Ordering a second coffee, I sit back and survey San Vito’s high street, striking only in its lack of anything striking. There is a steady stream of teatime traffic, schoolchildren, and coffee trucks. The atmosphere is busy and conspicuously boring as people go about ordinary lives doing ordinary things.
As I watch, I realise how washing up at ‘non-towns’, towns without obvious tourist attractions, has become a bit of a theme on my travels, either due to mixing journalism with travel, or an unnecessarily strong adherence to getting off the beaten track.
Only a few weeks earlier, we ventured four hours west of Panama City to the small town of Pedasí, only to find there absolutely nothing there. What appears to be the last taxi in town takes us a further 20 minutes into the countryside to what looks like the last hacienda on the road. La Rosa de Los Vientos is so peaceful, with its swishy white linen curtains and tranquil garden, and lack of other guests, I wonder if it isn’t more suited to someone suffering with severe stress problems. A quick google reveals it to be quite literally about 20 metres from the end of the road, leading to a huge wilderness beach and the expansive Pacific. Freedom! But so, so quiet.
Heading to Heredia, a small university town and suburb of San Jose on the fringes of the lush Central Valle, a familiar feeling dawns when the bus driver asks twice, just to be sure, that this is definitely where these two white gringos want to go. We head for the clean-sounding Hotel Las Flores, which turns out to be a corridor of motel-style rooms, behind whose doors we wonder who exactly is staying there, and why?
For dinner, the red steps of a basic-looking restaurant up the road entice us through the door. Baffled, we are served ‘camarones con arroz’, drenched in what my northern roots immediately recognise as thick, Bisto-style gravy. Salsa, the girl had said, and even my tired Spanish had thought there was no mistaking that. In the background, the enthusiastic chico manning the fryer manages to successfully imitate the sound of metal dustbin lids crashing together at high speed. We slurp our salty gravy, and sit there thinking thoughts in praise of non-towns, where not even Lonely Planet dares to go.
But it’s not all bad. Wandering round Heredia at dusk is a quiet delight, very different from San Jose’s frantic traffic and poverty. I love the majestic old church, the square full of couples, old men and families on stone benches, and the palm trees framed against a red sky. We eat ceviche at a counter hidden among residential streets, and find a French-style cafe that wouldn’t be out of place on Clapham High Street and serves the most delicious brownies and coffee.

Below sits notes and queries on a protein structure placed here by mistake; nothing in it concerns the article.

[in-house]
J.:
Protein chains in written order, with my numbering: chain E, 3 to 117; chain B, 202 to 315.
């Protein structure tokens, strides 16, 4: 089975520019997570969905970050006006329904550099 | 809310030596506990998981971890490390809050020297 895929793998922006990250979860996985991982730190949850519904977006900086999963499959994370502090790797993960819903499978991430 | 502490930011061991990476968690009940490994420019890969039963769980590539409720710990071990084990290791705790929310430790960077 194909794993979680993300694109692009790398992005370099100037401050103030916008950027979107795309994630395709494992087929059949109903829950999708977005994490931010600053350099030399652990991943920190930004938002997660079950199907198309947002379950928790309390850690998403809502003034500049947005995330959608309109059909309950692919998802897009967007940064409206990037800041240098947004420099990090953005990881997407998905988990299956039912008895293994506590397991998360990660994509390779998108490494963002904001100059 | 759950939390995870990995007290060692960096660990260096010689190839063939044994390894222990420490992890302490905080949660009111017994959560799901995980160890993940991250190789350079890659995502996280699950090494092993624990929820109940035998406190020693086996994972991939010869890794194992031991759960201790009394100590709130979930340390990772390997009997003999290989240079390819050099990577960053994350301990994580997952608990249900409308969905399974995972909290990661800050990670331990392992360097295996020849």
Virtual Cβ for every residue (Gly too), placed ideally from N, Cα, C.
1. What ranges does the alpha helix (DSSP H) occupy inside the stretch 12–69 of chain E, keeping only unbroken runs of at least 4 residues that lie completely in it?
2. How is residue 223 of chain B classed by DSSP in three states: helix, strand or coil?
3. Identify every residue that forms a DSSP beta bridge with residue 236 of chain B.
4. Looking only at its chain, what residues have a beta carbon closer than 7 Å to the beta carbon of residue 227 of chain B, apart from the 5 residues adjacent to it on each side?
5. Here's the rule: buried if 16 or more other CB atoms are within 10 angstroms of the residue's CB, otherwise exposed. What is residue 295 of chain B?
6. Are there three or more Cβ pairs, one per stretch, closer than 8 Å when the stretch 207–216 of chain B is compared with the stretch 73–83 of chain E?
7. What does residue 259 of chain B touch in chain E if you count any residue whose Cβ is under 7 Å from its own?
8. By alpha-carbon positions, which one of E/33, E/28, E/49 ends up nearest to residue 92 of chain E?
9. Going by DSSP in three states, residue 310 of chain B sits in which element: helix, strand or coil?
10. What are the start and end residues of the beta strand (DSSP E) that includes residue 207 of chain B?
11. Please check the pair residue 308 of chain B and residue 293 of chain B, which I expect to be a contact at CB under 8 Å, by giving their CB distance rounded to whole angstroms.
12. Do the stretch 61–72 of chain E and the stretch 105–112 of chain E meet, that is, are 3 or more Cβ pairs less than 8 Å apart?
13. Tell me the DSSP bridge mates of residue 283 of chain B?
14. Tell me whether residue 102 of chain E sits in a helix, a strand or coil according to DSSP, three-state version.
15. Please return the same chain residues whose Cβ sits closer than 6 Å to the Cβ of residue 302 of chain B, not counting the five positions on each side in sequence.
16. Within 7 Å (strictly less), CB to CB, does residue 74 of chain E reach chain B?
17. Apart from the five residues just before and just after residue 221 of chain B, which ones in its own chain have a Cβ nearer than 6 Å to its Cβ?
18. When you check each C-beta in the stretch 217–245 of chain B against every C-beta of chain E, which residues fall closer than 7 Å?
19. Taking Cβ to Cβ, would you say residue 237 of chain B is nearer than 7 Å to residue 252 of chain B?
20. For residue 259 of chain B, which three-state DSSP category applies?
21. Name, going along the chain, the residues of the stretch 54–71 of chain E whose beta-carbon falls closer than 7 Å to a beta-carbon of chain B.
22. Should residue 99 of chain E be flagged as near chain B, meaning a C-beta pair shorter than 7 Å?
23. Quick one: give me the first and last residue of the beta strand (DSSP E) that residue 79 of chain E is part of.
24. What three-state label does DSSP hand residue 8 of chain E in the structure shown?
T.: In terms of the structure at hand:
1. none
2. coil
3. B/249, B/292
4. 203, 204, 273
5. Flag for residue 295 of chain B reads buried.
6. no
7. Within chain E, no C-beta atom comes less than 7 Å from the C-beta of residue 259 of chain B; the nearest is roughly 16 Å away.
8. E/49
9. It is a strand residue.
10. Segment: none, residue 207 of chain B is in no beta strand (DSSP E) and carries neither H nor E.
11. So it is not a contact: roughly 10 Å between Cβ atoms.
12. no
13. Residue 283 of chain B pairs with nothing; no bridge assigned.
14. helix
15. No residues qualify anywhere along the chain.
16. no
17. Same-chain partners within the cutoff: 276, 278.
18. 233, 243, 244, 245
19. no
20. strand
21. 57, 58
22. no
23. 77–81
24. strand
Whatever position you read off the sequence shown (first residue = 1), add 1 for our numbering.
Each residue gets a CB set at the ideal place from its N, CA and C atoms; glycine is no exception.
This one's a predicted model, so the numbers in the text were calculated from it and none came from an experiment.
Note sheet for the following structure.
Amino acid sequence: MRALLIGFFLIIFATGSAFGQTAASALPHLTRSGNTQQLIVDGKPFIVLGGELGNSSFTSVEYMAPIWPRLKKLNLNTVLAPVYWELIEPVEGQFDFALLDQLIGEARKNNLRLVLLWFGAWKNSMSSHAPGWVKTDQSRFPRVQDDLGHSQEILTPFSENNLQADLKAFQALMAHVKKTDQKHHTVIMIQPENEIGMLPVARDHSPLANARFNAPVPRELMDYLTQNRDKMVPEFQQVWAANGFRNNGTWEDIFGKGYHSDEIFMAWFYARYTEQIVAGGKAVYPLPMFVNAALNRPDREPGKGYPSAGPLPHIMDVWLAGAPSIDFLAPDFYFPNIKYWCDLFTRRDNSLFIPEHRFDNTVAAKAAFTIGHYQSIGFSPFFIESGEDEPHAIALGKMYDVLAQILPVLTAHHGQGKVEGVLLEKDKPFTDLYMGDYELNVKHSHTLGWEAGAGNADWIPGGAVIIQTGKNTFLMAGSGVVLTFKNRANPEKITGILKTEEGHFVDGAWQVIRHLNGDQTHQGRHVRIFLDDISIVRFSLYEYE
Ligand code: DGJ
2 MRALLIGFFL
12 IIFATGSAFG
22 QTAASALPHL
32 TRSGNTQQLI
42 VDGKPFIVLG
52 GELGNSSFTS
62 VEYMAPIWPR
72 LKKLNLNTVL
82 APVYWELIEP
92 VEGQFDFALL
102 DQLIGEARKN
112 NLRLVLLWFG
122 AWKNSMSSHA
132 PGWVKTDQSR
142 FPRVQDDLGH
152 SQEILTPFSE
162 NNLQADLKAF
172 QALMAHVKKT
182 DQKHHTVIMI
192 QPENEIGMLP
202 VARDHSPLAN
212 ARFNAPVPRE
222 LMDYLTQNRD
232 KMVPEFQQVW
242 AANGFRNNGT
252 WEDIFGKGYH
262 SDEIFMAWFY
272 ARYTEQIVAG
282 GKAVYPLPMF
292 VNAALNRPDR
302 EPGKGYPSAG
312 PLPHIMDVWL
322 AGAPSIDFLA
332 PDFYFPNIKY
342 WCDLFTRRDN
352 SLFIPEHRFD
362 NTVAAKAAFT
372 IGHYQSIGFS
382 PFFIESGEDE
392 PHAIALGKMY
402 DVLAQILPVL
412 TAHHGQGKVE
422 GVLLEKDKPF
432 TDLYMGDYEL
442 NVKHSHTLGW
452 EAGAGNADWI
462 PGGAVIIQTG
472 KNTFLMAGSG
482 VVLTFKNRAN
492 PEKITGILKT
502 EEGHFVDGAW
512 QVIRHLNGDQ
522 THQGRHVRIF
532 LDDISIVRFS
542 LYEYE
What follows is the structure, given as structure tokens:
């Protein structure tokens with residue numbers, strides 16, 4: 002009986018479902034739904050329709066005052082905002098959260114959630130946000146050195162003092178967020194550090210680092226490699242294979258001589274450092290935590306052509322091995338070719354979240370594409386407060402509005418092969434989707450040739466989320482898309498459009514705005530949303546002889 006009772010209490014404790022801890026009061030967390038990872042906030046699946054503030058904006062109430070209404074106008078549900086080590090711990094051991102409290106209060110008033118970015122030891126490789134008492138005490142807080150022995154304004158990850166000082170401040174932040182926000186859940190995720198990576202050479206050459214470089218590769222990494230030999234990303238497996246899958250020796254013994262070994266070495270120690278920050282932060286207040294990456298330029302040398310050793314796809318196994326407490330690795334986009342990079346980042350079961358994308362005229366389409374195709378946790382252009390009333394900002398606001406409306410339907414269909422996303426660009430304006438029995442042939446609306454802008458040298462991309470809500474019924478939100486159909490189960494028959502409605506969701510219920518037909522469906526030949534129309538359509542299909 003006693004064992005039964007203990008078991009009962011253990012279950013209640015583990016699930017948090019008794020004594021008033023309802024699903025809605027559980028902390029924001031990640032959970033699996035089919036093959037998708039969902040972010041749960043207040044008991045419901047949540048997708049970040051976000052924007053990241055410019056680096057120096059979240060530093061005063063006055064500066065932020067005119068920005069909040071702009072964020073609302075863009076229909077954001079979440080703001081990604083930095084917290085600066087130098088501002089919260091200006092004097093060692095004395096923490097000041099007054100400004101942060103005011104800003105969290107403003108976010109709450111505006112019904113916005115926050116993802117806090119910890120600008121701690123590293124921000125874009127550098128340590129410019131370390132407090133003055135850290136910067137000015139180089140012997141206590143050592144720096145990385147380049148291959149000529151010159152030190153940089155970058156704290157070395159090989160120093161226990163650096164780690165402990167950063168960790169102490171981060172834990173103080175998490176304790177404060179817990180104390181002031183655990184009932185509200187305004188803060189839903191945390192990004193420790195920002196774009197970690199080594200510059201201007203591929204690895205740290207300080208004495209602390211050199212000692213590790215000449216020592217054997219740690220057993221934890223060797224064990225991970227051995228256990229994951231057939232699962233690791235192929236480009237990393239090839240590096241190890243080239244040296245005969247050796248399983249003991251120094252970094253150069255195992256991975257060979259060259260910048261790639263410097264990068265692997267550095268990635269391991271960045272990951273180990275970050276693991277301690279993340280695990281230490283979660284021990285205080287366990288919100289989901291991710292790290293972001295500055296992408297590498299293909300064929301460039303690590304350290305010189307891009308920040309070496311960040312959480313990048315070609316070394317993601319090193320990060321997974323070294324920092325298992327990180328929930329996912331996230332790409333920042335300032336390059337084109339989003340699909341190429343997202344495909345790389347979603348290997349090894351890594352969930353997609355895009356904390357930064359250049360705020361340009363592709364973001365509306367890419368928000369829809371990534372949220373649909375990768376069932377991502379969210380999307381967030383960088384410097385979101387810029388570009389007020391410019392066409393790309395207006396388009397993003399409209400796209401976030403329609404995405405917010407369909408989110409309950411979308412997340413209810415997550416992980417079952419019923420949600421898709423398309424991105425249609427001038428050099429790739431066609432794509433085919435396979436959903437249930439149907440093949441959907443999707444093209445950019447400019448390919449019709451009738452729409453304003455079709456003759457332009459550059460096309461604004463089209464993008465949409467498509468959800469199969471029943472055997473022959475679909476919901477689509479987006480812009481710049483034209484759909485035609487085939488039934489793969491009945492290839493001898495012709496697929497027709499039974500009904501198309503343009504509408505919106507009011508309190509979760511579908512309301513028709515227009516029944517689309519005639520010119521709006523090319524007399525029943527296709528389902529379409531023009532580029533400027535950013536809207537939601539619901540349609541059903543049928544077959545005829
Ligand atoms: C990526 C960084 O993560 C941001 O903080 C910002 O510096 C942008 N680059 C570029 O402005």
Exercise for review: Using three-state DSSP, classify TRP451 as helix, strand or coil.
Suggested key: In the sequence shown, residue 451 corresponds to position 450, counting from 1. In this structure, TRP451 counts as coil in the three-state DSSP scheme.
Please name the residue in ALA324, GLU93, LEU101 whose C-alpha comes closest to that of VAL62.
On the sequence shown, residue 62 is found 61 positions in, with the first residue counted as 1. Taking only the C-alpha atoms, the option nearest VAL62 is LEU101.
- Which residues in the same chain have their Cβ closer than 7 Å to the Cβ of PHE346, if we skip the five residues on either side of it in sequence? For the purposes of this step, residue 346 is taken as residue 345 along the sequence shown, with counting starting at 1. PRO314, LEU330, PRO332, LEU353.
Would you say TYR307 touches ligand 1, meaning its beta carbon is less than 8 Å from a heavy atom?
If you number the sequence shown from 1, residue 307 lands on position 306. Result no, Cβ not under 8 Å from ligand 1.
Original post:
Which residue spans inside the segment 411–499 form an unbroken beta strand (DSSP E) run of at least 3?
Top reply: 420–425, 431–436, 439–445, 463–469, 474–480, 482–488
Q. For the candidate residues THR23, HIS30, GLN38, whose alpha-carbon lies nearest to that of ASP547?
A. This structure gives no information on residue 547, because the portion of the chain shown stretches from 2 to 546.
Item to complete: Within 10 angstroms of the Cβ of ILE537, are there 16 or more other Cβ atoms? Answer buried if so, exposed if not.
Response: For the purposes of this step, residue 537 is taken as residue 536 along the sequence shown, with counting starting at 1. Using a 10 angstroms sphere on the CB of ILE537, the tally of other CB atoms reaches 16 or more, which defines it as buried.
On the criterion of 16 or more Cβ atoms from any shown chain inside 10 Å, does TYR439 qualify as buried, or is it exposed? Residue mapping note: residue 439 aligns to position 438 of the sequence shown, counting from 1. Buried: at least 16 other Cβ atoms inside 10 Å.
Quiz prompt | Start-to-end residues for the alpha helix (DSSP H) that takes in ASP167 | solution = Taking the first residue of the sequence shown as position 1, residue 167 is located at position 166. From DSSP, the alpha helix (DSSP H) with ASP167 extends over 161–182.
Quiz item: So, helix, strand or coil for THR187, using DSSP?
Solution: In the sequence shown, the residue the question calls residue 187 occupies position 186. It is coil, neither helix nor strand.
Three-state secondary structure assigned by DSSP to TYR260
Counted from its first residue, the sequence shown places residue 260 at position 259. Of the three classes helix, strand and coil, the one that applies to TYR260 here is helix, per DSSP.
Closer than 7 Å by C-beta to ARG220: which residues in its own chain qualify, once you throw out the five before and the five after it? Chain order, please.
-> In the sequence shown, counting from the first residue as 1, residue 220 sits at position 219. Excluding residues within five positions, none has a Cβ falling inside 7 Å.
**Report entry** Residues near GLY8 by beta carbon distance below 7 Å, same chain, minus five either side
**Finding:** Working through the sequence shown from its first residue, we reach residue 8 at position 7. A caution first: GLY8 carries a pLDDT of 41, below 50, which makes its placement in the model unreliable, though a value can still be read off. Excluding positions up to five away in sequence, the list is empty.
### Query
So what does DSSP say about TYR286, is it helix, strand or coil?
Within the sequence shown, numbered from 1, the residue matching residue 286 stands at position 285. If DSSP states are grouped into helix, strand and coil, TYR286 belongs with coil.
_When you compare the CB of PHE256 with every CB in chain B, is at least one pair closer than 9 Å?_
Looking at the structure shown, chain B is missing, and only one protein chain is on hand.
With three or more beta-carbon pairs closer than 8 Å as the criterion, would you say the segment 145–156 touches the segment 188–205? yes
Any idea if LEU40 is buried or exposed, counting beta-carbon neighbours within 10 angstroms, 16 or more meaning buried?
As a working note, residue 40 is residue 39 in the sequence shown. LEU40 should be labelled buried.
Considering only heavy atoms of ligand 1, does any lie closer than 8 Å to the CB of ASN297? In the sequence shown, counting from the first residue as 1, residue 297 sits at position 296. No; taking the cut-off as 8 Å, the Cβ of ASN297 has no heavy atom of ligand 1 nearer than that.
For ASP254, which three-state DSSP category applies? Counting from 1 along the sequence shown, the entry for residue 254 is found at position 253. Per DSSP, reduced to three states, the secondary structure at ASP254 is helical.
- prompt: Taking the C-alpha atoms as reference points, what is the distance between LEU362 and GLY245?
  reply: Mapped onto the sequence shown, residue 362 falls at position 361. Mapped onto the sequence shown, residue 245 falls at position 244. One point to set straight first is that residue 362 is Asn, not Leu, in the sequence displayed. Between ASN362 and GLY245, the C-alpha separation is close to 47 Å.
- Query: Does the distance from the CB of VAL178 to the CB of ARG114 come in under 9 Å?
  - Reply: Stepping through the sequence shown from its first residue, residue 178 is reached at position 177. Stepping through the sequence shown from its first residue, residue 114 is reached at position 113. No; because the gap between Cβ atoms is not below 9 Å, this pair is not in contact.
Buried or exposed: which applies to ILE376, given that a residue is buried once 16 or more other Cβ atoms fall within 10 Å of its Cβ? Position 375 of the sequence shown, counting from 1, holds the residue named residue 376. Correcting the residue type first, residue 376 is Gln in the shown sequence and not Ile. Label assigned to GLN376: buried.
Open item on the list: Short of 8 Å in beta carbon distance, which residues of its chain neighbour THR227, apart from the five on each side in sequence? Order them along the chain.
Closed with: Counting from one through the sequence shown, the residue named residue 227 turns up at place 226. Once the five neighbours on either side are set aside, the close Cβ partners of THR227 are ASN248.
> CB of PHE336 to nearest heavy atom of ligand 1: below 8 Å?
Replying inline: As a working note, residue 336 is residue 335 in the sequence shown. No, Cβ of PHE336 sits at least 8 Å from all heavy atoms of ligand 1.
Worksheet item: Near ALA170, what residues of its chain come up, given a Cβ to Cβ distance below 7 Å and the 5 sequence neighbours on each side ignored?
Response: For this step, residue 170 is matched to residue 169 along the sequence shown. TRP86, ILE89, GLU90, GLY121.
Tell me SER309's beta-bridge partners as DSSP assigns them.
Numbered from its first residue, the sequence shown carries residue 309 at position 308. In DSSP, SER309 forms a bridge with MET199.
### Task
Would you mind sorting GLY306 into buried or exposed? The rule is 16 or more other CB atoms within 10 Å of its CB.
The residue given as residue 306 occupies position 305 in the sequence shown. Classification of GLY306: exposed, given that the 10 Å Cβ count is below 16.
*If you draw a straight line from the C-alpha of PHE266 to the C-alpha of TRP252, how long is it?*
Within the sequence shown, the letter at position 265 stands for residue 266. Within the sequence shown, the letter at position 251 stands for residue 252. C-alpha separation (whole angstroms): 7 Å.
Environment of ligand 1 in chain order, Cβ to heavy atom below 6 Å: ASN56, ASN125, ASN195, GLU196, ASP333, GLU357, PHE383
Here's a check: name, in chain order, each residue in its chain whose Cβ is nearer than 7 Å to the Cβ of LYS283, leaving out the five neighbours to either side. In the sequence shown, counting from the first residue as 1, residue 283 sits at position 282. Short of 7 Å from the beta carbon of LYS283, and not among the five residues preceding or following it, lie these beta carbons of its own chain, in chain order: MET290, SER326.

Due to work trips, we end up at Las Flores for three nights, ironically one of the longest stays of anywhere in my three-month trip. On leaving, the señora hands us a souvenir keyring in recognition of our position as long-term residents, perhaps, or just a prize for sticking it out.
Back in San Vito, I am as yet oblivious to how rare this chance to observe ordinary Tico life is in the rest of the country. The shops are full of normal things for normal people, and noticeable only in hindsight is the distinct lack of ‘Pura Vida’ slogans or toucan statues that are present everywhere else in Costa Rica. Spanish is the only language I can hear, always a sign you’ve struck gold.
The height and fine features of the women in particular reveal the Italian heritage of this tiny town. San Vito, up in the hills of Costa Rica’s southern coffee province, was chosen by Italian agricultural colonisers back in the 1950s, and they left their mark both in the people and the taste of the coffee.
I wander around the small centre, happily noting the lack of sights. There is a church, a bank, a pharmacy, a high street and a square. My hotel is the functional mid-ranger Hotel El Ceibo, breakfast is full of Costa Ricans chowing down on the national breakfast staple gallo pinto.
San Vito does in fact have some claim to fame in the nearby Wilson Botanical Gardens, but with no car I am confined to the town and neighbouring village of Sabalito, where I attend a coffee workshop the following day.
Perhaps that’s why non-towns appeal so much – so much of travelling is full of awe and breath-taking views that you run out of superlatives and adrenaline highs become the norm. Being in a non-town feels like putting on a pair of old slippers and making a nice cup of tea, a welcome slice of home on the other side of the world.
In praise of other non-towns:
- Pérez Zeledón, central Costa Rica, for sushi, rock music and sleeping in shipping containers.
- Puerto Jimènez, Osa Peninsula, Costa Rica. Rent a bike and have the bumpy roads to yourself apart from the odd sunbathing iguana, and count scarlet macaws as if they were sparrows.
- David, Panama. Worth a mention for the delectable Bambu Hostel, complete with tropical pool and resident coati (cat-sized mammal with a raccoon-esque face).